# Using eirm for estimating explanatory IRT models" In eirm: Explanatory Item Response Modeling for Dichotomous and Polytomous Items

```knitr::opts_chunk\$set(echo = TRUE, eval = TRUE, message = FALSE, warning = FALSE)
```

### Example 1: Rasch model

The Rasch model (i.e., a fully descriptive model) can be estimated using `eirm`. The following example shows how to estimate Rasch item parameters for the verbal aggression data set (see `?VerbAgg` for further details). A preview of the `VerbAgg` data set is shown below:

```library("eirm")
```
```data("VerbAgg")
```

To estimate the Rasch model, a regression-like formula must be defined: `formula = "r2 ~ -1 + item + (1|id)"`. In the formula,

• `r2` is the variable for dichotomous item responses
• `-1` removes the intercept from the model and yields parameter estimates for all items in the data set. With `1` (instead of `-1`), an intercept representing the parameter of the first item and relative parameters for the remaining items (i.e., distance from the parameter of the first item) would be estimated.
• `item`is the variable representing item IDs in the data set
• `(1|id)` refers to the random effects for persons represented by the `id` column in the data set.

The output for the Rasch model is shown below:

```mod1 <- eirm(formula = "r2 ~ -1 + item + (1|id)", data = VerbAgg)
print(mod1)
```

By default, the `eirm` function returns the easiness parameters because the function uses a regression model parameterization where positive parameters indicate positive association with the dependent variable. In order to print the difficulty parameters (instead of easiness), `print(mod1, difficulty = TRUE)` must be used:

```print(mod1, difficulty = TRUE)
```

The `mod1` object is essentially a `glmerMod`-class object from the `lme4` package (Bates, Maechler, Bolker, & Walker (2015)). All `glmerMod` results for the estimated model can seen with `mod1\$model`. For example, estimated random effects for persons (i.e., theta estimates) can be obtained using:

```theta <- ranef(mod1\$model)\$id
```

### Example 2: EIRM for dichotomous responses

The following example shows how to use item-related and person-related explanatory variables to explain dichotomous responses in the verbal aggression data set.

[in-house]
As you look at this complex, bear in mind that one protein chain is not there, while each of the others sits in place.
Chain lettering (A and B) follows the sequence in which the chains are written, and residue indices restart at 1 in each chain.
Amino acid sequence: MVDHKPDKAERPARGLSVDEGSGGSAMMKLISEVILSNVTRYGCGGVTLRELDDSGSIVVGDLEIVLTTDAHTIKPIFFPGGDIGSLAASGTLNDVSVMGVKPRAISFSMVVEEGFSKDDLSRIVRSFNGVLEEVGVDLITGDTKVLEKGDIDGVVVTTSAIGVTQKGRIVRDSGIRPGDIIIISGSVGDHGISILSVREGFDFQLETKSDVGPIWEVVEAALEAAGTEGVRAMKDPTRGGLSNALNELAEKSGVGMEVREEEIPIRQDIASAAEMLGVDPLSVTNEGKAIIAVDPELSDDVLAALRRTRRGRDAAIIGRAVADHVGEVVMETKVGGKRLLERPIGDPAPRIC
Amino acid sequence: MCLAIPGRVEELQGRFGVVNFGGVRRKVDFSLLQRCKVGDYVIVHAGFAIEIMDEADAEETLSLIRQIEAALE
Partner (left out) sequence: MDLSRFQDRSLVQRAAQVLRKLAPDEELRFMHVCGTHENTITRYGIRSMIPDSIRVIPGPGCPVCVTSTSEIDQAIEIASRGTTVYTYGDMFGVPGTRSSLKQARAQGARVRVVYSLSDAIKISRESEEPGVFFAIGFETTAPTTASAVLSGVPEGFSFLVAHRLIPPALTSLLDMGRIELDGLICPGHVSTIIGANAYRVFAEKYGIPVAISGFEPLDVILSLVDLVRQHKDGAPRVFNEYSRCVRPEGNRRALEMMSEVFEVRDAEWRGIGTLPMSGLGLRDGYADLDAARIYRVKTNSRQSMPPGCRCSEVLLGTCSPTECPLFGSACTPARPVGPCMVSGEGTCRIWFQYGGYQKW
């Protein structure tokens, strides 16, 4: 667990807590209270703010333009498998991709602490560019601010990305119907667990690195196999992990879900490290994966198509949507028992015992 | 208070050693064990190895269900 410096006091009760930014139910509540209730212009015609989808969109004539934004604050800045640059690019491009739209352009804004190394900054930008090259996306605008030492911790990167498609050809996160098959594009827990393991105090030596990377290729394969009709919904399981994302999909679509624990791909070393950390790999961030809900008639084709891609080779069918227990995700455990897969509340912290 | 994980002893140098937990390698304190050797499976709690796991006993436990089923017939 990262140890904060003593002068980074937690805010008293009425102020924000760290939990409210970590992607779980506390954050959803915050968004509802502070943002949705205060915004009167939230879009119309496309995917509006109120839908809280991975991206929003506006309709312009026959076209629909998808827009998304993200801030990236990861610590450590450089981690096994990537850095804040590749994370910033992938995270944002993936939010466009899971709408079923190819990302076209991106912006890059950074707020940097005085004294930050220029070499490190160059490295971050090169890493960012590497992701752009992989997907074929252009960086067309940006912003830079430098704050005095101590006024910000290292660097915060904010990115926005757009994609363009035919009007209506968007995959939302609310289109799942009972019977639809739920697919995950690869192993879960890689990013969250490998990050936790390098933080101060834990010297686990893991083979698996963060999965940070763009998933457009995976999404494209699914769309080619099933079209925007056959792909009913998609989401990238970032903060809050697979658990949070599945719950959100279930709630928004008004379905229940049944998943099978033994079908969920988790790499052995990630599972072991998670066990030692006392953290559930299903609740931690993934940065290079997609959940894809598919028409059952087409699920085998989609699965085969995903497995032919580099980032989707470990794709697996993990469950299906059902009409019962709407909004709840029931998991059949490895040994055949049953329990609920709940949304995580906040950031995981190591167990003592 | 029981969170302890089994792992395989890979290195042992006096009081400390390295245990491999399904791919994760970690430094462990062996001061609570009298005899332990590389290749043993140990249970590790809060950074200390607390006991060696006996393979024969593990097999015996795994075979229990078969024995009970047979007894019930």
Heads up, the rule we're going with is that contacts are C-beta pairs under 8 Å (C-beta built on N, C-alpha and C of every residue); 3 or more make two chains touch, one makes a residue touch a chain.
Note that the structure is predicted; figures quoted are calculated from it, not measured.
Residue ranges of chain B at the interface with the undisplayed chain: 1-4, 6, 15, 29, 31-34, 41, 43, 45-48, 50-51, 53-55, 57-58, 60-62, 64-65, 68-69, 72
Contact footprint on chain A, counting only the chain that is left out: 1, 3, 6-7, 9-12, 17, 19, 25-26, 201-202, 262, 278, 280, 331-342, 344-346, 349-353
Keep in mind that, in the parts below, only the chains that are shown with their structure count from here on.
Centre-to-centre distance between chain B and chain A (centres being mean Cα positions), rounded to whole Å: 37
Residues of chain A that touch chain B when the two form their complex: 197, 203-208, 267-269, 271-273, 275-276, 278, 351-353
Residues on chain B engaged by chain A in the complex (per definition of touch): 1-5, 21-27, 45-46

```mod2a <- eirm(formula = "r2 ~ -1 + situ + btype + mode + (1|id)", data = VerbAgg)

print(mod2a)
```

It is possible to visualize the parameters using an item-person map using `plot(mod2a)`, which returns the following plot. Note that this plot is a modified version of the `plotPImap` function from the `eRm` package).

```plot(mod2a)
```

Aesthetic elements such as axis labels and plot title can be added to the plot. For example, the following code updates the x-axis label and the main plot title (see `?plot.eirm` for further details).

```plot(mod2a, difficulty = TRUE, main = "Verbal Aggression Example", latdim = "Verbal Aggression")
```

This plot wpuld show the difficulty parameters (instead of easiness), change the main title above the plot, and change the x-axis -- the name for the latent trait being measured.

Also, it is possible to compare nested explanatory models with each other. The following example shows the estimation of a more compact version of `mod2a` with one less variable and compares the two models (i.e., `mod2a` vs. `mod2b`).

```mod2b <- eirm(formula = "r2 ~ -1 + situ + btype + (1|id)", data = VerbAgg)

anova(mod2a\$model, mod2b\$model)
```

### Example 3: EIRM for polytomous responses

It is also possible to use the `eirm` function with polytomous item responses as well. Because the function only accepts dichotomous responses (i.e., binomial distribution), polytomous data must be reformatted first. To reformat the data, the `polyreformat` function can be used. The following example demonstrates how polytomous responses (no, perhaps, and yes) in the verbal aggression data set can be reformatted into a dichotomous form:

```VerbAgg2 <- polyreformat(data=VerbAgg, id.var = "id", long.format = FALSE,
var.name = "item", val.name = "resp")

```

In the reformatted data, `polyresponse` is the new dependent variable (i.e., pseudo-dichotomous version of the original response variable `resp`) and `polycategory` represents the response categories. Based on the reformatted data, each item has two rows (number of response categories - 1) based on the following rules (Stanke & Bulut (2019)) for further details on this parameterization):

• If `polycategory` = "cat_perhaps" and `resp` = "no", then `polyresponse` = 0
• If `polycategory` = "cat_perhaps" and `resp` = "perhaps", then `polyresponse` = 1
• If `polycategory` = "cat_perhaps" and `resp` = "yes", then `polyresponse` = NA

and

• If `polycategory` = "cat_yes" and `resp` = "no", then `polyresponse` = NA
• If `polycategory` = "cat_yes" and `resp` = "perhaps", then `polyresponse` = 0
• If `polycategory` = "cat_yes" and `resp` = "yes", then `polyresponse` = 1

NOTE: Although `polyreformat` is capable of reshaping wide-format data into long-format and reformat the long data for the analysis with `eirm`, a safer option is to transform the data from wide to long format before using `polyreformat`. The `melt` function from the `reshape2` package can easily transform wide data to long data.

Several polytomous models can be estimated using the reformatted data:

Model 1: It explains only the first threshold (i.e., threshold from no to perhaps) based on explanatory variables:

```mod3 <- eirm(formula = "polyresponse ~ -1 + situ + btype + mode + (1|id)",
data = VerbAgg2)
```

Model 2: It explains the first threshold (i.e., threshold from no to perhaps) and second threshold (perhaps to yes) based on explanatory variables:

```mod4 <- eirm(formula = "polyresponse ~ -1 + btype + situ + mode +
polycategory + polycategory:btype + (1|id)", data = VerbAgg2)
```

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eirm documentation built on Oct. 25, 2021, 9:11 a.m.